Silent Companion (Anne Carley, Bacca Literary, 11-16-20) "I turned to my green notebook. I needed to sort out my feelings about this good news that turned sideways when it revealed a transgression. I found a steadfast companion that night.... Open to whatever I write, annotate, or doodle, it welcomes me every time. Virginia Woolf’s ideal, a framework 'so elastic that it will embrace anything, solemn, slight or beautiful that comes into my mind,' is attainable."


• “[T]he habit of writing … for my own eye only is good practice. It loosens the ligaments. … What sort of diary should I like mine to be? Something loose knit and yet not slovenly, so elastic that it will embrace anything, solemn, slight or beautiful that comes into my mind." ~ Virginia Woolf, A Writer's Diary

 

"The writer's notebook is a sourcebook of collected insights and a testing ground for ideas. . . . [I]t's important to know the differences between this sort of notebook and a diary, so that you avoid making entries that will not help you. A diary is a daily record of events. It is for recording everything that happens. A writer's notebook, on the other hand, is for recording only special perceptions that might serve as the core statements of essays. These insights may arise from the particular way in which you view something that occurred during the day, from your response to some book, or simply from an unsummoned idea that pops into your head.

To illustrate:

Diary: Finished reading Norman Mailer's book about Gary Gilmore.
Writer's Notebook: Mailer ennobles the killer Gary Gilmore in his book.
--This shows how naif Mailer is. The most satisfying part of maintaining a writer's notebook is that it becomes a record of how your perceptions change and grow over time."

          ~ Adrienne Robins, The Analytical Writer: A College Rhetoric


8 Reasons Keeping a Journal Can Help You Reach Your Goals (Joshua Becker, Becoming a Minimalist)

 

Several of the quotations above and others can be found at Writer's Notebook (Richard Nordquist, ThoughtCo., 2-12-20).

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Social media regulation in European Union

I honestly don't understand how these entries on the proposed Digital Services Act and Digital Marketing Act will work or if they will affect people in the United States, but they seem to be a game-changer in Europe and might eventually create pressure for more regulation of social media in the United States. I am providing some links here, moving the Popular Science entry from last to first because it's in the plainest English:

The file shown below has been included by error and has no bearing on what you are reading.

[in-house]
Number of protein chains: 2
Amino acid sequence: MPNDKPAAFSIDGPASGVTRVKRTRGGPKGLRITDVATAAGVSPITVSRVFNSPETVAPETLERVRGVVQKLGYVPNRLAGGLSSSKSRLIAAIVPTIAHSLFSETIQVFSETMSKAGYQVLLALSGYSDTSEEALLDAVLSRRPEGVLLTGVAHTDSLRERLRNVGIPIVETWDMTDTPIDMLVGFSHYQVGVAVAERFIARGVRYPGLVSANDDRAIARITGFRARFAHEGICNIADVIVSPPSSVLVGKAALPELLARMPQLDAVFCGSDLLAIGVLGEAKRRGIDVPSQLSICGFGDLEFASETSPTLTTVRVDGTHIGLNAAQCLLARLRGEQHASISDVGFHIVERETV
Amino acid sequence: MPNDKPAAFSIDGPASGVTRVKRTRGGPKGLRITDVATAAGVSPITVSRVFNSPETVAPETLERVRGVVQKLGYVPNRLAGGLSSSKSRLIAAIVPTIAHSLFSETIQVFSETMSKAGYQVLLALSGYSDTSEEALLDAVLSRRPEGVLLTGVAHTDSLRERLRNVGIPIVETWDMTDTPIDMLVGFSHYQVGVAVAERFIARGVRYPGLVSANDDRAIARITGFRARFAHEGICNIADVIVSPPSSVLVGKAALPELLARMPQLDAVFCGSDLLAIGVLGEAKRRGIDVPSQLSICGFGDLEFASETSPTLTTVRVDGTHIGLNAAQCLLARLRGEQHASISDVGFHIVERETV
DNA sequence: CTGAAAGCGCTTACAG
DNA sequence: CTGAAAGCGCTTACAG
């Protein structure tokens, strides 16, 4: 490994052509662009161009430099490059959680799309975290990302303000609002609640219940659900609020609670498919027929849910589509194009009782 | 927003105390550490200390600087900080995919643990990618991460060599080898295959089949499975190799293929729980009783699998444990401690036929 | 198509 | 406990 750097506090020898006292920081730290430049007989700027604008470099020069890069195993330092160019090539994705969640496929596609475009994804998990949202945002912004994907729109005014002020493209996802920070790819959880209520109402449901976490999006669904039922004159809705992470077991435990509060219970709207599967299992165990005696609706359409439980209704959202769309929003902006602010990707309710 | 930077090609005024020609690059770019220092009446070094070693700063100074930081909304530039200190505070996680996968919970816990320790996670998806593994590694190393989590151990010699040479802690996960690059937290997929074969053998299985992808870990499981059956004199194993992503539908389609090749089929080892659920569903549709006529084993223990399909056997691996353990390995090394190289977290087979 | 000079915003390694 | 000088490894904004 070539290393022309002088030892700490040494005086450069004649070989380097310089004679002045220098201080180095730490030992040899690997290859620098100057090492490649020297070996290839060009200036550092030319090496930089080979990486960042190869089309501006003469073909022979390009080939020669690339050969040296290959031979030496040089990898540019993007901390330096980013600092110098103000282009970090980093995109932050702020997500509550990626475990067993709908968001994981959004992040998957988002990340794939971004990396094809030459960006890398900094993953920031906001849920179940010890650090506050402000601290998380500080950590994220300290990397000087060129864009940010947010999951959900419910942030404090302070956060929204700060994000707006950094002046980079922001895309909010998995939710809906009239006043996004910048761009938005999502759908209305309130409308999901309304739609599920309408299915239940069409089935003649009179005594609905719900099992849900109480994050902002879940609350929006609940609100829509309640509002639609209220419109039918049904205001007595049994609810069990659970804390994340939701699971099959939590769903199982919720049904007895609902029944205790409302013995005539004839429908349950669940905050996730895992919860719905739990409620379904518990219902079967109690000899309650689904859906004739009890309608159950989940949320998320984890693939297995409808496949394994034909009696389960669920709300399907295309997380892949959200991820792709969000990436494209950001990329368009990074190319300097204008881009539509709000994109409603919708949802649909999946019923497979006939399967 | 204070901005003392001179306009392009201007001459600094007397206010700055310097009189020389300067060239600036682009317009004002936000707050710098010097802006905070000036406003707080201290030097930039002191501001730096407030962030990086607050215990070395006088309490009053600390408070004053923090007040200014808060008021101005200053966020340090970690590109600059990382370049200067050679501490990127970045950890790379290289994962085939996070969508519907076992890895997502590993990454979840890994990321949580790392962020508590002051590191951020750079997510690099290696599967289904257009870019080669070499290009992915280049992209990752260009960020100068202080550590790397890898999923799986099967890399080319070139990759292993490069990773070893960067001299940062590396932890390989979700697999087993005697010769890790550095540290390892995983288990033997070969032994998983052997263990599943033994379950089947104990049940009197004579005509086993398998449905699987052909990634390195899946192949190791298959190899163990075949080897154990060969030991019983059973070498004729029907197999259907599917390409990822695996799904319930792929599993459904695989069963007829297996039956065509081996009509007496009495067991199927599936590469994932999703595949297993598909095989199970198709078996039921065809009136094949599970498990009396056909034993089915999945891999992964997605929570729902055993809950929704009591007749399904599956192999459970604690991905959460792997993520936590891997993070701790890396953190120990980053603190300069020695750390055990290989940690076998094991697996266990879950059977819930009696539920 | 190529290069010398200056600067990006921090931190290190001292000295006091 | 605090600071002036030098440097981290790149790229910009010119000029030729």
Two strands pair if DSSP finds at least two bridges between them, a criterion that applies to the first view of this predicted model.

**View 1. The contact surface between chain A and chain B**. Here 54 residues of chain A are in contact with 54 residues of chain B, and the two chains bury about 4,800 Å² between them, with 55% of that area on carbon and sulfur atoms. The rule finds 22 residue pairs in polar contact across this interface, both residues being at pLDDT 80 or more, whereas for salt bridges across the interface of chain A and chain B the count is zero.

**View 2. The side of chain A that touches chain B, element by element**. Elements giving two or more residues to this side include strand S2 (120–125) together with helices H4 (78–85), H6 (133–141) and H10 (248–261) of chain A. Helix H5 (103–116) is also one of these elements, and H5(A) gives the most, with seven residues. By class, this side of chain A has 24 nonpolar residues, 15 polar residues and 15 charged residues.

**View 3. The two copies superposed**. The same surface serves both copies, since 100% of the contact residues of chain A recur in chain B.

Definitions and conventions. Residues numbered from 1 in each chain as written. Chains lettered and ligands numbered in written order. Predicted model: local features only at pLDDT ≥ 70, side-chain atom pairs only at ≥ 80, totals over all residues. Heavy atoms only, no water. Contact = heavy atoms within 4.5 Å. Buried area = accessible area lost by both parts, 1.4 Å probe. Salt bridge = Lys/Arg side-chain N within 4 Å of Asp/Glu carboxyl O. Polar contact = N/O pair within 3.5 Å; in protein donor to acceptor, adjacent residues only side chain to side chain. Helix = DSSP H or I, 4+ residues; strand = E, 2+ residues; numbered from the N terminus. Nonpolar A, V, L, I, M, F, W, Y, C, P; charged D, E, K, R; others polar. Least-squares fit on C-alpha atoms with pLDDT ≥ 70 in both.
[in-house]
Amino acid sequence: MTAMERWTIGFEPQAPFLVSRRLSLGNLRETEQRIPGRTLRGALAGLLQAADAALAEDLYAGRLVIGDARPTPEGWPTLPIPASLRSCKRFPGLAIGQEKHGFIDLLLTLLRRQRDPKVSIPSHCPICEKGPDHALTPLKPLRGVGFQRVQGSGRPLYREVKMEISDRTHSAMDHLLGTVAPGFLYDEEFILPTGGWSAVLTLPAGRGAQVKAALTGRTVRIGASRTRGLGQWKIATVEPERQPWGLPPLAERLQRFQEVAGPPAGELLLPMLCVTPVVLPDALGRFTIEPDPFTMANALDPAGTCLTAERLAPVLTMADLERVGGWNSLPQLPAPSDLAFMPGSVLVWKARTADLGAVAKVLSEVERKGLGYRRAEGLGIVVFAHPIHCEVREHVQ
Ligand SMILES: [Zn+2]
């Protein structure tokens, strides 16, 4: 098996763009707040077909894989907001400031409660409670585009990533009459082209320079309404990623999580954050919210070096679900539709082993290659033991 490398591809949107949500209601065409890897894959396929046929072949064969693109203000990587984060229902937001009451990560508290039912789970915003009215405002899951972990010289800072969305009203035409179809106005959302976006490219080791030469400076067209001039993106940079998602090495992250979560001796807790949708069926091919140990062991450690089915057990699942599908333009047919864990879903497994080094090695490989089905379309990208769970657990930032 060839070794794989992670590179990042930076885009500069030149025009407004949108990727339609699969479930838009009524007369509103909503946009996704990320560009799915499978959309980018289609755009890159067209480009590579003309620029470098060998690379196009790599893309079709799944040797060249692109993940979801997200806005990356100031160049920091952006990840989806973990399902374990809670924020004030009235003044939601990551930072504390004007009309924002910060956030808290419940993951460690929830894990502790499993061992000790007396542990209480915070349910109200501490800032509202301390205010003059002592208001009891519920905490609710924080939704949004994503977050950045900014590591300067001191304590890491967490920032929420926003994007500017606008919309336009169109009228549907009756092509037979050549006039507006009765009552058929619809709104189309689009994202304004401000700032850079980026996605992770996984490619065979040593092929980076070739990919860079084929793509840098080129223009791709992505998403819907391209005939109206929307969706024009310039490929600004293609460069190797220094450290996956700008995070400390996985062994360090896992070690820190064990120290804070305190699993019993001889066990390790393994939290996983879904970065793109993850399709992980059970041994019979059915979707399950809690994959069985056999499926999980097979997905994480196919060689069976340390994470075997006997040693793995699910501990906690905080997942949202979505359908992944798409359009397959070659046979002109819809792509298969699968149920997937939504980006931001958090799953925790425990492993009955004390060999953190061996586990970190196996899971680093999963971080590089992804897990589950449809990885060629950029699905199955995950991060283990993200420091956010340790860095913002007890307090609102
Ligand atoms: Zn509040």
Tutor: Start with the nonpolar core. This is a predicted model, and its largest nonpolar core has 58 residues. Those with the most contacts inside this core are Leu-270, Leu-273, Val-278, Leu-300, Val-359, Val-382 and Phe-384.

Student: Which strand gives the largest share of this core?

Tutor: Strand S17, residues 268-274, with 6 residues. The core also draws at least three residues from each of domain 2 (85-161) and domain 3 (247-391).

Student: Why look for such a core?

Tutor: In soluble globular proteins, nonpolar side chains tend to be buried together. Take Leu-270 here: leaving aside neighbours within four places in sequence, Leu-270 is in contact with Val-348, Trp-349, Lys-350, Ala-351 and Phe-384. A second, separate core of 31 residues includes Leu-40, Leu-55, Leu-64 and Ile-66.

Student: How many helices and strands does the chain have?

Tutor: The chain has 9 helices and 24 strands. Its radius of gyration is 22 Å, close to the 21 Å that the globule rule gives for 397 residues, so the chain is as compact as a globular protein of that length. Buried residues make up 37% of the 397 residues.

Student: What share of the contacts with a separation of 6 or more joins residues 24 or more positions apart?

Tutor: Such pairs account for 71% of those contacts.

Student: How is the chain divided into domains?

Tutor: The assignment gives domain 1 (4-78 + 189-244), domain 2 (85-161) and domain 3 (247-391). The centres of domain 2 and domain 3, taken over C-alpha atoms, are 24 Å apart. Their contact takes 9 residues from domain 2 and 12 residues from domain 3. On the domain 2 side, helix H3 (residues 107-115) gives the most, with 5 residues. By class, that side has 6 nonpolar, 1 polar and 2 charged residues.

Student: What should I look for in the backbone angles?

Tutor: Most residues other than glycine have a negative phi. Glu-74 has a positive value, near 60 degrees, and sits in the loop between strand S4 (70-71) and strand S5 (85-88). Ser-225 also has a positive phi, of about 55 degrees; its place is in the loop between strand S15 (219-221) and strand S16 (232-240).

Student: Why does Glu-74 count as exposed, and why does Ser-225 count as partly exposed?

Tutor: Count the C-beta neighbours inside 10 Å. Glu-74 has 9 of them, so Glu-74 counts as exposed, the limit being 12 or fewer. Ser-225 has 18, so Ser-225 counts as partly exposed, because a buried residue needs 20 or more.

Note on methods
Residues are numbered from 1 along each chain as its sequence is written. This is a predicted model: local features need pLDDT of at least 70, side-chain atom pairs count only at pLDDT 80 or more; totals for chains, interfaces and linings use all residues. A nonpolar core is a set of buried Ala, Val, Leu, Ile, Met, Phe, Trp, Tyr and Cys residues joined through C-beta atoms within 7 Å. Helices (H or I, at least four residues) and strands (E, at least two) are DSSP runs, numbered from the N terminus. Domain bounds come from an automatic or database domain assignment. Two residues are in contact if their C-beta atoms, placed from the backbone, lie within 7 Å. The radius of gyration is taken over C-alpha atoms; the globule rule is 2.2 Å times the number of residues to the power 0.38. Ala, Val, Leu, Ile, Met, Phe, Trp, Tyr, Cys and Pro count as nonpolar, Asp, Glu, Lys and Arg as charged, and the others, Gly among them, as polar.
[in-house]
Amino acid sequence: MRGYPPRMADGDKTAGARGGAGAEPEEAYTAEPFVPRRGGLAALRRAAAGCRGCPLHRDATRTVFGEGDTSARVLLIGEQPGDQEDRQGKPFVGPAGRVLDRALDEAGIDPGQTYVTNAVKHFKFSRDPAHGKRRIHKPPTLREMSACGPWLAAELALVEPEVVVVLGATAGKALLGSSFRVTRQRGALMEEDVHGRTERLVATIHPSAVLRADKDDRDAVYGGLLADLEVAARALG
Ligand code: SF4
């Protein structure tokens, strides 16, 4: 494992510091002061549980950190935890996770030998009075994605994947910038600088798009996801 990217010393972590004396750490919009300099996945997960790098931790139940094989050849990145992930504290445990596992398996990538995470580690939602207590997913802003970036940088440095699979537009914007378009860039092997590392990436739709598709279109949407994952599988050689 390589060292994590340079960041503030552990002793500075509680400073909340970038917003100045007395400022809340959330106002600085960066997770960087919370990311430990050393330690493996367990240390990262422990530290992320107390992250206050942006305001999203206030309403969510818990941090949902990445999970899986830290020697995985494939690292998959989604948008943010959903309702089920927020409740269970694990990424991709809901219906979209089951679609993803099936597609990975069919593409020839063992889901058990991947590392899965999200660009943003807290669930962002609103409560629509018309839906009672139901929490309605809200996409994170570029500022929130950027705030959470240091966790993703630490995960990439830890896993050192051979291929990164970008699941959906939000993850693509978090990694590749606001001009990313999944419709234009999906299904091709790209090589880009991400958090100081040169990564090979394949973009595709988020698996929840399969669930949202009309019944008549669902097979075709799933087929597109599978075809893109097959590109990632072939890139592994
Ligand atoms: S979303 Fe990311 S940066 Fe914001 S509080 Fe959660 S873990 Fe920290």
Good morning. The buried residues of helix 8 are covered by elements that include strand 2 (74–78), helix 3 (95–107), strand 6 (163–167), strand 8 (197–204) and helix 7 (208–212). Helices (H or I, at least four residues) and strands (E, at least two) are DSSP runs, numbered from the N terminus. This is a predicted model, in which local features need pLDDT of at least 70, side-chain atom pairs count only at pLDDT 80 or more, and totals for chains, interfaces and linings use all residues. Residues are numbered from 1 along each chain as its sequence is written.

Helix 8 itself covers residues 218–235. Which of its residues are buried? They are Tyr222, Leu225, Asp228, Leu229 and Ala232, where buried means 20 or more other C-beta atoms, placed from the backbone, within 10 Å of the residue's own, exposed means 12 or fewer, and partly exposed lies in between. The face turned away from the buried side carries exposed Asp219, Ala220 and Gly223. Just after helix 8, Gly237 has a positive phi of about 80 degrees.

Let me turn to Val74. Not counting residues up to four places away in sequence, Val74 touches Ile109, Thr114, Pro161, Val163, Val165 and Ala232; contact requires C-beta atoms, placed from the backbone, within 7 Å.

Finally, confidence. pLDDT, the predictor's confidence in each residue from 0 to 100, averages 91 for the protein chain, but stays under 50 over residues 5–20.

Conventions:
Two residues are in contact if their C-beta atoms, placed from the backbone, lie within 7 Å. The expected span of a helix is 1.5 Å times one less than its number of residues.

Everything you need to know about the battle between US tech and EU laws (Harry Guinness, Popular Science, 4-27-22)

    "The European Parliament recently approved the Digital Services Act and the Digital Markets Act. Here's how that could affect big tech.
     "According to the EU, the DSA and DMA have two big goals: “create a safer digital space in which the fundamental rights of all users of digital services are protected” and “establish a level playing field to foster innovation, growth, and competitiveness, both in the European Single Market and globally.”

     "In practice, this means overseeing how large social networks, search engines, and other tech companies do business, and limiting how they use consumer data.
     "The DSA in particular has rules targeted at online services like Facebook, Instagram, Google, and TikTok. It bans targeted advertising aimed at children, or based on sensitive data like religion, gender, race, sexual orientation, or political affiliation. It also bans “dark patterns” or deceptive design elements that can trick you into buying or signing up for something unintentionally. For example, websites will have to present the buttons to opt in and out of targeted ads equally; the option to opt out can’t be tucked away behind a text link on the second page of settings and written in a small font colored to match the background. Unless US tech companies create separate page and app designs just for EU customers, this will hopefully improve the web user experience around the world."

     Etc.


EU poised to impose sweeping social media regulation with Digital Services Act (Technology + Press Freedom, Reporters Committee for Freedom of the Press, 5-8-22) The European Union is on the verge of doing what the U.S. has not done (and, in some cases, could not do) — comprehensively regulate social media platforms. Last week, the European Parliament and EU Council reached an agreement on the Digital Services Act, and while the final text has not been released, the law would impose sweeping new rules for internet platforms, regulating everything from “dark patterns” and algorithms to public safety threats and illegal content.